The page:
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On Friday the primary school invited mums in, not just for assembly but to spend time in the classroom with our kids. As usual I was running a bit late because, in order to take the time off, I had been trying to get ahead plus, appropriately enough, there was a report out on flexible working for teachers which needed covering. We arrived 10 minutes late and I went into only son’s class, feeling a bit of a bad mother. It didn’t seem to matter, though, because we spent the time sitting on the floor making flower pictures. Only son was very excited. After the lesson only son was supposed to take me for cakes, but I also wanted to go into daughter three’s class. We asked if we could both go in. “We have to go to my sister’s class because my mum doesn’t like cake,” announced only son very loudly.
In daughter three’s class the activity was writing an advert selling your mum. The template was about how great mum was at cleaning. It sounded a bit 1950’s. I whispered to daughter three: “Cleaning is not really my best thing. You need to sell me as I actually am.” Daughter three set to work. The boy beside her was writing about how caring his mum was and how she should win an award for caring. I looked over at daughter three’s paper. It started “Tired of your mum always telling you ‘just a second’…” Hmm, well that was realistic at least. It proceeded to advertise the new super-improved mum with volume controls “so you can turn down all the times she says ‘we’re late'” and a button to stop her working”.
Oh dear. I felt a bit rubbish next to the super-caring mum. We went into assembly. Children were proclaiming one by one how much they loved their mums and how kind, etc, they were. An argument the night before with daughter two about what she wanted to do for her birthday which ended with her proclaiming “you are destroying my birthday” simmered in my mind. Fortunately, daughter three and only son were not picked. I wondered how those with slightly less perfect mums, no mums at all or no mums able to take time off to come to the assembly might be feeling. I, for one, felt I was not quite up to scratch. It was not the first time that week.
I had been quoted in a newspaper earlier in the week alongside a photo of me from a couple of years ago. I showed the paper to the kids. Daughter one’s only comment was to the effect that the woman beside me was a multi-millionaire mum of four. “Bit of an underachiever, eh, mum?”, she said. Only son was, however, very excited. He whispered in my ear: “You are my best one in the family. Don’t tell anyone.”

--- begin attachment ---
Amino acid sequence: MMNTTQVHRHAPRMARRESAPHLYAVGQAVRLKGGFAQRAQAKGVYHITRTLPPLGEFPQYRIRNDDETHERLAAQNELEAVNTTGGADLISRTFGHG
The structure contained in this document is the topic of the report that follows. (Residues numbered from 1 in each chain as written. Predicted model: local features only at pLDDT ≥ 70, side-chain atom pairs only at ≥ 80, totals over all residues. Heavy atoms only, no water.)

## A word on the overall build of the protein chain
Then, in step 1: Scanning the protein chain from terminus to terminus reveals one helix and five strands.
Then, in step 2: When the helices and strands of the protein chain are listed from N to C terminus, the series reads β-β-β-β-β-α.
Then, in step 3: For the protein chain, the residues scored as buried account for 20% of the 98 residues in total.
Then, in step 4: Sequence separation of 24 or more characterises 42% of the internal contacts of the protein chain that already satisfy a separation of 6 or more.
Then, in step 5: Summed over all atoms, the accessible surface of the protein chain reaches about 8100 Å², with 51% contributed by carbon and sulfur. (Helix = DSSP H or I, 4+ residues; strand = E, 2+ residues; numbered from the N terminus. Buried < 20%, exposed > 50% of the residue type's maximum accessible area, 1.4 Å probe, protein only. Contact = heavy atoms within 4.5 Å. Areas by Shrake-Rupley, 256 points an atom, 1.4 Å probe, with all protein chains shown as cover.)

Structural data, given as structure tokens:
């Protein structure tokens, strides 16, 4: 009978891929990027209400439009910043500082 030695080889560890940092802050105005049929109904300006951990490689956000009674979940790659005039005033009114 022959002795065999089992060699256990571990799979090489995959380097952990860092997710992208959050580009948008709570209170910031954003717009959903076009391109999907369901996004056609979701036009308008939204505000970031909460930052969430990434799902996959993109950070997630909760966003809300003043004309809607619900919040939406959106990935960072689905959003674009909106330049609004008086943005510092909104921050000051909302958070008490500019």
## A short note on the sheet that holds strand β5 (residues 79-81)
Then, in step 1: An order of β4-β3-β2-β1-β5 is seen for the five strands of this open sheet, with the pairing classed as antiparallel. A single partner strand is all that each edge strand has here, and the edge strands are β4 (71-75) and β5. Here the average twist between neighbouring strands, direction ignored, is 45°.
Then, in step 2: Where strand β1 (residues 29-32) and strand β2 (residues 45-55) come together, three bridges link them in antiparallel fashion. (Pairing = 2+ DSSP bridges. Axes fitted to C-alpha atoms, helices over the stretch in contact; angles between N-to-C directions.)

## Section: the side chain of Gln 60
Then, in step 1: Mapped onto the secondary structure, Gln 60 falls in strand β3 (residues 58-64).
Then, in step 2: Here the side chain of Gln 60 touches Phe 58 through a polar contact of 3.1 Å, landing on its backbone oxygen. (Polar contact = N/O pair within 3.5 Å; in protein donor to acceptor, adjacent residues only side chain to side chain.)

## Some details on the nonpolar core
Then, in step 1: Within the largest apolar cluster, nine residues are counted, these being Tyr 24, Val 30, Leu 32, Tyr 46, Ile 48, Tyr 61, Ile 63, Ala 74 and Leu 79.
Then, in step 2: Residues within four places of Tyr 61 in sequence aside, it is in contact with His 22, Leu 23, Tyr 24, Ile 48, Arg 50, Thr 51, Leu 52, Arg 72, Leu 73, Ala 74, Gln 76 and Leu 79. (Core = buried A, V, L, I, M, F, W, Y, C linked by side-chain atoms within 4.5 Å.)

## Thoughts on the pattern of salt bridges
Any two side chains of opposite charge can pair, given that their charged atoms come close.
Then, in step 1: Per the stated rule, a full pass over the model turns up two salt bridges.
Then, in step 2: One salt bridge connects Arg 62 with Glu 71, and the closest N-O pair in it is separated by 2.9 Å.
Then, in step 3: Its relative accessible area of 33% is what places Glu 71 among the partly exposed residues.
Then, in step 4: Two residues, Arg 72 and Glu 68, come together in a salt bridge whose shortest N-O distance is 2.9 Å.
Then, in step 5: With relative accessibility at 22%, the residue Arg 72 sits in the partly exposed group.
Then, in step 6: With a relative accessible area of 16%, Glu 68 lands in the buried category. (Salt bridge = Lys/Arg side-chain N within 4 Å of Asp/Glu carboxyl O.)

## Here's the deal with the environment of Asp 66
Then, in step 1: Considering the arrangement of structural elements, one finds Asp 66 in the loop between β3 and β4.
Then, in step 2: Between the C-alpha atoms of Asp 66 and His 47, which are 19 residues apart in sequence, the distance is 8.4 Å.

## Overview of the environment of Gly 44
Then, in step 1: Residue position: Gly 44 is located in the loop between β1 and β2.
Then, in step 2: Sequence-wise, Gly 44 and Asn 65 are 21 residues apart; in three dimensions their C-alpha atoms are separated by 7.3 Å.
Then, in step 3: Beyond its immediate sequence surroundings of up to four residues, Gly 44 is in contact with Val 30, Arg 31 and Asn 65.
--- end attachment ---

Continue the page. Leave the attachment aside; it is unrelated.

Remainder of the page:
The next day everyone was making birthday cards for daughter two. Only son had made an elaborate card with stick-on extras. Inside he had written: “Happy birthday. You are the best helfy eater in the family.” This is definitely true. Daughter two’s diet consists mainly of pinto beans and lentils. Next to that he had written: “You are the best one in the family.” You what? I have a certain suspicion that only son has said this to every member of the family at some point and is playing us off against each other. Whatever, it’s a strategy that seems to be working. He has everyone at his beck and call. Even daughter three who had been in a bit of grump on Saturday morning until her mermaid outfit arrived.
About an hour later I went upstairs to find her lying in the bath in the costume with a big smile on her face. I went to get my partner. By the time I got back only son was in the bath in the costume involved in some very complex mermaid story. Apparently there is going to be a mermaid film. “Can you help with the storyboard?” asked daughter three as I was busy changing all the bedsheets, something I probably don’t do as often as super-caring mum. “Just a second,” I said.
*Mum on the run is Mandy Garner, editor of Workingmums.co.uk.